The Light Green Machine Institute

13 Apr 16: Ways to get lighter now
Occasionally, conditions come together for me to do some lightening of my own.  This past weekend was one of those times.

I was in the middle of an eleven day road trip. It did not make any sense to drive home, so I was in idle mode in Ohio.

Due to various portions of this trip, I had with me four (count them--four!) briefcases, computer bags and so forth that I often take on trips. What was about to happen was planned out from before this trip started.  

I dumped the entire contents of these four bags on my bed. I went through every pocket, took out everything.  I found two pairs of glasses I had been missing.

The ball point pen count was seventeen.  There was a pair of sunglasses for which I have been searching.  It only gets worse from here.

I deliberately dumped it all on the bed so I had to sort it and clean it up before going to bed. My road life will be much better organized going forward. In another year or so, this will need to be done again.

Do this to your mill.  Start in your office, proceed to the control room, and reach to the very furthest reaches of your area of responsibility. Be ruthless.  In your office, or in the control room, empty the drawers, cabinets and desktops, placing everything on the floor in the middle of the room. Sort through it, decide what is needed and what is not.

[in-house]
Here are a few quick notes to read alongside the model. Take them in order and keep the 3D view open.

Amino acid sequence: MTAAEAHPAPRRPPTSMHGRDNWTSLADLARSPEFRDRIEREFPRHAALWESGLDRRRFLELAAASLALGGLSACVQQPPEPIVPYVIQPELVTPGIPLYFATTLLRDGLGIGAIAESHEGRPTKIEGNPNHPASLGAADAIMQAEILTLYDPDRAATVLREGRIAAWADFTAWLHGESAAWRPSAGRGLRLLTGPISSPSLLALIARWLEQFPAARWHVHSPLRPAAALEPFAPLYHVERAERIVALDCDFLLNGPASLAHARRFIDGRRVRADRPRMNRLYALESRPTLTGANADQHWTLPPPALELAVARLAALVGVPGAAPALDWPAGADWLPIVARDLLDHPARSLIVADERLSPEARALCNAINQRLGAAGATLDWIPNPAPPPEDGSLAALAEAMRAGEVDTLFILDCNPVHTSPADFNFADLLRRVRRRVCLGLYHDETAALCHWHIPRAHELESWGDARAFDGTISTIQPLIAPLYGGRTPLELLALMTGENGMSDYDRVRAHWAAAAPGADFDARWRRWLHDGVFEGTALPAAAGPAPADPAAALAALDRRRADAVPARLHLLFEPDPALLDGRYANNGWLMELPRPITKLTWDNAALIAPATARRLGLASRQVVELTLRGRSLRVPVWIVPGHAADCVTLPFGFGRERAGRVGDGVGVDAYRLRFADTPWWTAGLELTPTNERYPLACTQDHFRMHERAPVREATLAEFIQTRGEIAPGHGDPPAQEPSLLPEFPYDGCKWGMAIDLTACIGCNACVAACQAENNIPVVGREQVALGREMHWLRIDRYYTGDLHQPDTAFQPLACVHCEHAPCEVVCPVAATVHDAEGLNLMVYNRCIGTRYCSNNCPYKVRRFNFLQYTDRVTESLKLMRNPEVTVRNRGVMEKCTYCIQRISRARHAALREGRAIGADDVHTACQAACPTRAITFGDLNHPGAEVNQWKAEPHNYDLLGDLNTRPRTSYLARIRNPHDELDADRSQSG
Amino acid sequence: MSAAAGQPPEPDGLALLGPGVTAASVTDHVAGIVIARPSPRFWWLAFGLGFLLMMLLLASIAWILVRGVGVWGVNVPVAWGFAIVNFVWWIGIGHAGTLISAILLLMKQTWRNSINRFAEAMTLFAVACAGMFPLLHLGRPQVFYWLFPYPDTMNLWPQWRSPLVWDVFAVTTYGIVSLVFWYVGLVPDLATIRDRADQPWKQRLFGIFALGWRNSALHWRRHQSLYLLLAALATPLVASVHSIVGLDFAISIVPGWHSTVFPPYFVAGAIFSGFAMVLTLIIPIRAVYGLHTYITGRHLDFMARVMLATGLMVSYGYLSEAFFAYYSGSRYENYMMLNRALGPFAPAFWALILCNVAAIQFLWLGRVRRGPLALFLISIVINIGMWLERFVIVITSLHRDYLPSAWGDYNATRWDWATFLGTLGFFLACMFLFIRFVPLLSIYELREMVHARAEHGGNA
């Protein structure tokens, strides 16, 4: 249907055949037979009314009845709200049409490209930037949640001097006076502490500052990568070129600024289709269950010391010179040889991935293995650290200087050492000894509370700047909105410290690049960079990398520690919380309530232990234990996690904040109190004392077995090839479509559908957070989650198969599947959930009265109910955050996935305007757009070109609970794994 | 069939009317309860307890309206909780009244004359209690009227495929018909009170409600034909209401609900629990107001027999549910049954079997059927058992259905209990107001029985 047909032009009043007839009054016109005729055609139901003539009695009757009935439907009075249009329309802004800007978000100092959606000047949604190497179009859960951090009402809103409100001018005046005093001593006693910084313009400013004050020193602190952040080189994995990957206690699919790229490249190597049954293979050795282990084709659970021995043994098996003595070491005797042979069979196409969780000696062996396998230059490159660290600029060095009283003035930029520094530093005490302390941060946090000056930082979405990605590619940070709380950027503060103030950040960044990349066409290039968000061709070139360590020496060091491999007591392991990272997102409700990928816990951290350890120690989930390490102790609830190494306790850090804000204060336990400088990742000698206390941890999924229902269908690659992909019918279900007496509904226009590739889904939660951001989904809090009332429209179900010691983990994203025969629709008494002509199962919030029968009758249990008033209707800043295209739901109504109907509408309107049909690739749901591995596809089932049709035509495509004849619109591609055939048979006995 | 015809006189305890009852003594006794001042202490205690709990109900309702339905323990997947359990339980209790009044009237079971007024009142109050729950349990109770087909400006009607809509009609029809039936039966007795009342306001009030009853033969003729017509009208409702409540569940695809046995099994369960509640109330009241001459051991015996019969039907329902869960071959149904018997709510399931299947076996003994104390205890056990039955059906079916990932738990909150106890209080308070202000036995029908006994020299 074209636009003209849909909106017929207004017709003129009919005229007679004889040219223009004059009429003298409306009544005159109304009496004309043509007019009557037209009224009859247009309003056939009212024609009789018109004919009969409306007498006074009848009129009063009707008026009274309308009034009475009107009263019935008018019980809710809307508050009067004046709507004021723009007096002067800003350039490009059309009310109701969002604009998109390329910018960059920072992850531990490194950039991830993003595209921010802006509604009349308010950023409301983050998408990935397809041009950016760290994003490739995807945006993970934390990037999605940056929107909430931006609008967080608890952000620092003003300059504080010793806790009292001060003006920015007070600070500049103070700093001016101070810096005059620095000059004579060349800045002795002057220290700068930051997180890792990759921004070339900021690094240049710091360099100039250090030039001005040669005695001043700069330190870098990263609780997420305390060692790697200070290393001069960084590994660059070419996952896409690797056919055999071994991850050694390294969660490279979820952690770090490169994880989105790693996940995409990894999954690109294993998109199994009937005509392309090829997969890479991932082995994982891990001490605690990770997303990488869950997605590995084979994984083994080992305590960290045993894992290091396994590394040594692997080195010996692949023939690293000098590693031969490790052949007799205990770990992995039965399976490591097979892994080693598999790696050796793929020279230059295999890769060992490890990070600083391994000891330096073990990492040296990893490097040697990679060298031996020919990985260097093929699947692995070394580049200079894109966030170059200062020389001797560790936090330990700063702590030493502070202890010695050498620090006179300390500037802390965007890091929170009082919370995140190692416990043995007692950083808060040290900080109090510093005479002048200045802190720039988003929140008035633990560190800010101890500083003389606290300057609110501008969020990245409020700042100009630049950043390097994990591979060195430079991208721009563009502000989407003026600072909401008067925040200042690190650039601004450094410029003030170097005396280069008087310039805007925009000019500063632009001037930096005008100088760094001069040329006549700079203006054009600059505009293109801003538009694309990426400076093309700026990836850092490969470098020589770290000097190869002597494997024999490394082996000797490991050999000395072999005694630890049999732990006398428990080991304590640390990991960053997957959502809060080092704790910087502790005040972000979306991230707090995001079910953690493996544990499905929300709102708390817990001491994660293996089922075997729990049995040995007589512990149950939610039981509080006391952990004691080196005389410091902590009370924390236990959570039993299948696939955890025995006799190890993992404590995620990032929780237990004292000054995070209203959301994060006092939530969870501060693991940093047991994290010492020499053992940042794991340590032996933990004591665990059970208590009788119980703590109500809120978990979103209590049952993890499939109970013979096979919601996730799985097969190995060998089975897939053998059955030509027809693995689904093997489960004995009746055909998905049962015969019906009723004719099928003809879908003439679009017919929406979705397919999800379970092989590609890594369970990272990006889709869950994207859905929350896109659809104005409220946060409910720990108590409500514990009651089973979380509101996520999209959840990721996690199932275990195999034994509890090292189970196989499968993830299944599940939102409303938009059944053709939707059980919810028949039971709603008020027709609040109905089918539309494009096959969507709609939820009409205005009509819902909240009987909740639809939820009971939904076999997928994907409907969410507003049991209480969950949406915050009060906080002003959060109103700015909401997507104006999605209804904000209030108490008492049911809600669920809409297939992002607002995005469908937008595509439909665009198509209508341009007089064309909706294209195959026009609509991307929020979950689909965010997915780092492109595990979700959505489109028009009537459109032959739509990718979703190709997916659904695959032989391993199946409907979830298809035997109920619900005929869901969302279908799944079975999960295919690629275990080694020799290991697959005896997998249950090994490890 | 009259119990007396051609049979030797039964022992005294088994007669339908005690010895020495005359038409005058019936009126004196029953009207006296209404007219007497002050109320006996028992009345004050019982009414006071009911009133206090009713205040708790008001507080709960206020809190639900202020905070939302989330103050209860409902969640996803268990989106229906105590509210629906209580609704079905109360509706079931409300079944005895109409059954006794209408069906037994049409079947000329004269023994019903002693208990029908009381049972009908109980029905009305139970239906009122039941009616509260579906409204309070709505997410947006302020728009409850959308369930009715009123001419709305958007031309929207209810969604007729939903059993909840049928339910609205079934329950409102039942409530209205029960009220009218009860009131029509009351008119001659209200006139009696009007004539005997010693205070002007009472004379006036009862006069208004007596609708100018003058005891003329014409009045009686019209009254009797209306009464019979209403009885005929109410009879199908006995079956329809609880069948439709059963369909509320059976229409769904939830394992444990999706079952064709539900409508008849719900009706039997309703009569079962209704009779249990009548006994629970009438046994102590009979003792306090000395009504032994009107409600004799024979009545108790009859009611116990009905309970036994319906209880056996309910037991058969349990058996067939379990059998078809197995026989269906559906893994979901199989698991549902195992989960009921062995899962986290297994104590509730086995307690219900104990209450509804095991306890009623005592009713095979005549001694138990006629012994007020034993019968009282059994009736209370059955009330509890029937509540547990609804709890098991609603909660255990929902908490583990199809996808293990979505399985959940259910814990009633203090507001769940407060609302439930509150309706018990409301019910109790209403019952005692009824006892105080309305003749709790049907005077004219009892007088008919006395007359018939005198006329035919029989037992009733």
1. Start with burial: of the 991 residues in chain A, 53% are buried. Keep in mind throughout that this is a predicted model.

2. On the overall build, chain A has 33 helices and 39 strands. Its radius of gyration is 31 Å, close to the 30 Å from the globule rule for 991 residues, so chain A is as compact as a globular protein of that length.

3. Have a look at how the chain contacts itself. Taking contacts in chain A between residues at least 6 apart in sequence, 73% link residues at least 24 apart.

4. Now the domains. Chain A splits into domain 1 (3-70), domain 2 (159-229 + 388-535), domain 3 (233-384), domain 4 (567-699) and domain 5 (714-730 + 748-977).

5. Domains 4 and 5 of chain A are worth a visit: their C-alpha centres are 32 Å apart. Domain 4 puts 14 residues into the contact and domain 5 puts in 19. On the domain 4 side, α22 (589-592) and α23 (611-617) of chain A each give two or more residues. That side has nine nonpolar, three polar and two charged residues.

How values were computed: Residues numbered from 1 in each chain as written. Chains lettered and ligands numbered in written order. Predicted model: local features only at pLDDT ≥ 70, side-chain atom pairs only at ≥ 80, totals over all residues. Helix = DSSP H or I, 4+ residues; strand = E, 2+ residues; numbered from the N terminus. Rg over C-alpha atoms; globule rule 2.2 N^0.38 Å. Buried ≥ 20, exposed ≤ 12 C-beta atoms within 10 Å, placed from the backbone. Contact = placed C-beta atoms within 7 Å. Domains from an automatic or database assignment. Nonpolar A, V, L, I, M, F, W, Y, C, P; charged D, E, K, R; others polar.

In the operating space itself, take out all dead items--pumps, piping, tanks, wiring, you name it. Get to the point you can actually see what is important to your operation.  You won't believe what it will do to the performance of your mill.  And, I promise you, it will certainly be lighter.

Does all of this sound like housekeeping?  Yes, it does--but it will pay big dividends if you do it right.
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Comments from last week:

Fourdriniers?  They're limited to 1200 m/min for practical stable forming.  A little higher for short tables with top wires. 

In the end, a horizontal twin wire can handle 3 times the water volume of a Fourdrinier with a much shorter footprint.  Even the packaging segment is now seeing the benefit with much better gap forming technology.
The POM wet end short circulation is the second part of the puzzle with a drastically reduced white water dwell time.  The tools are all here for smaller and lighter wet ends except we just can't seem to take the plunge and do it.

Bryan Creagan
Bryan, the fourdrinier is limited to 1200m/min because we lackadaisically accept that they must be open to the atmosphere.  That's what I am talking about.

Interestingly, I have a containerboard client who installed two gap former machines in the 1990's but went back to a two fourdrinier configuration on the two machines they have built since then.  Also, in their two newest installations, they have installed POM systems.


Think light!

Brian Brogdon, Ph.D.
Executive Director


Jim Thompson

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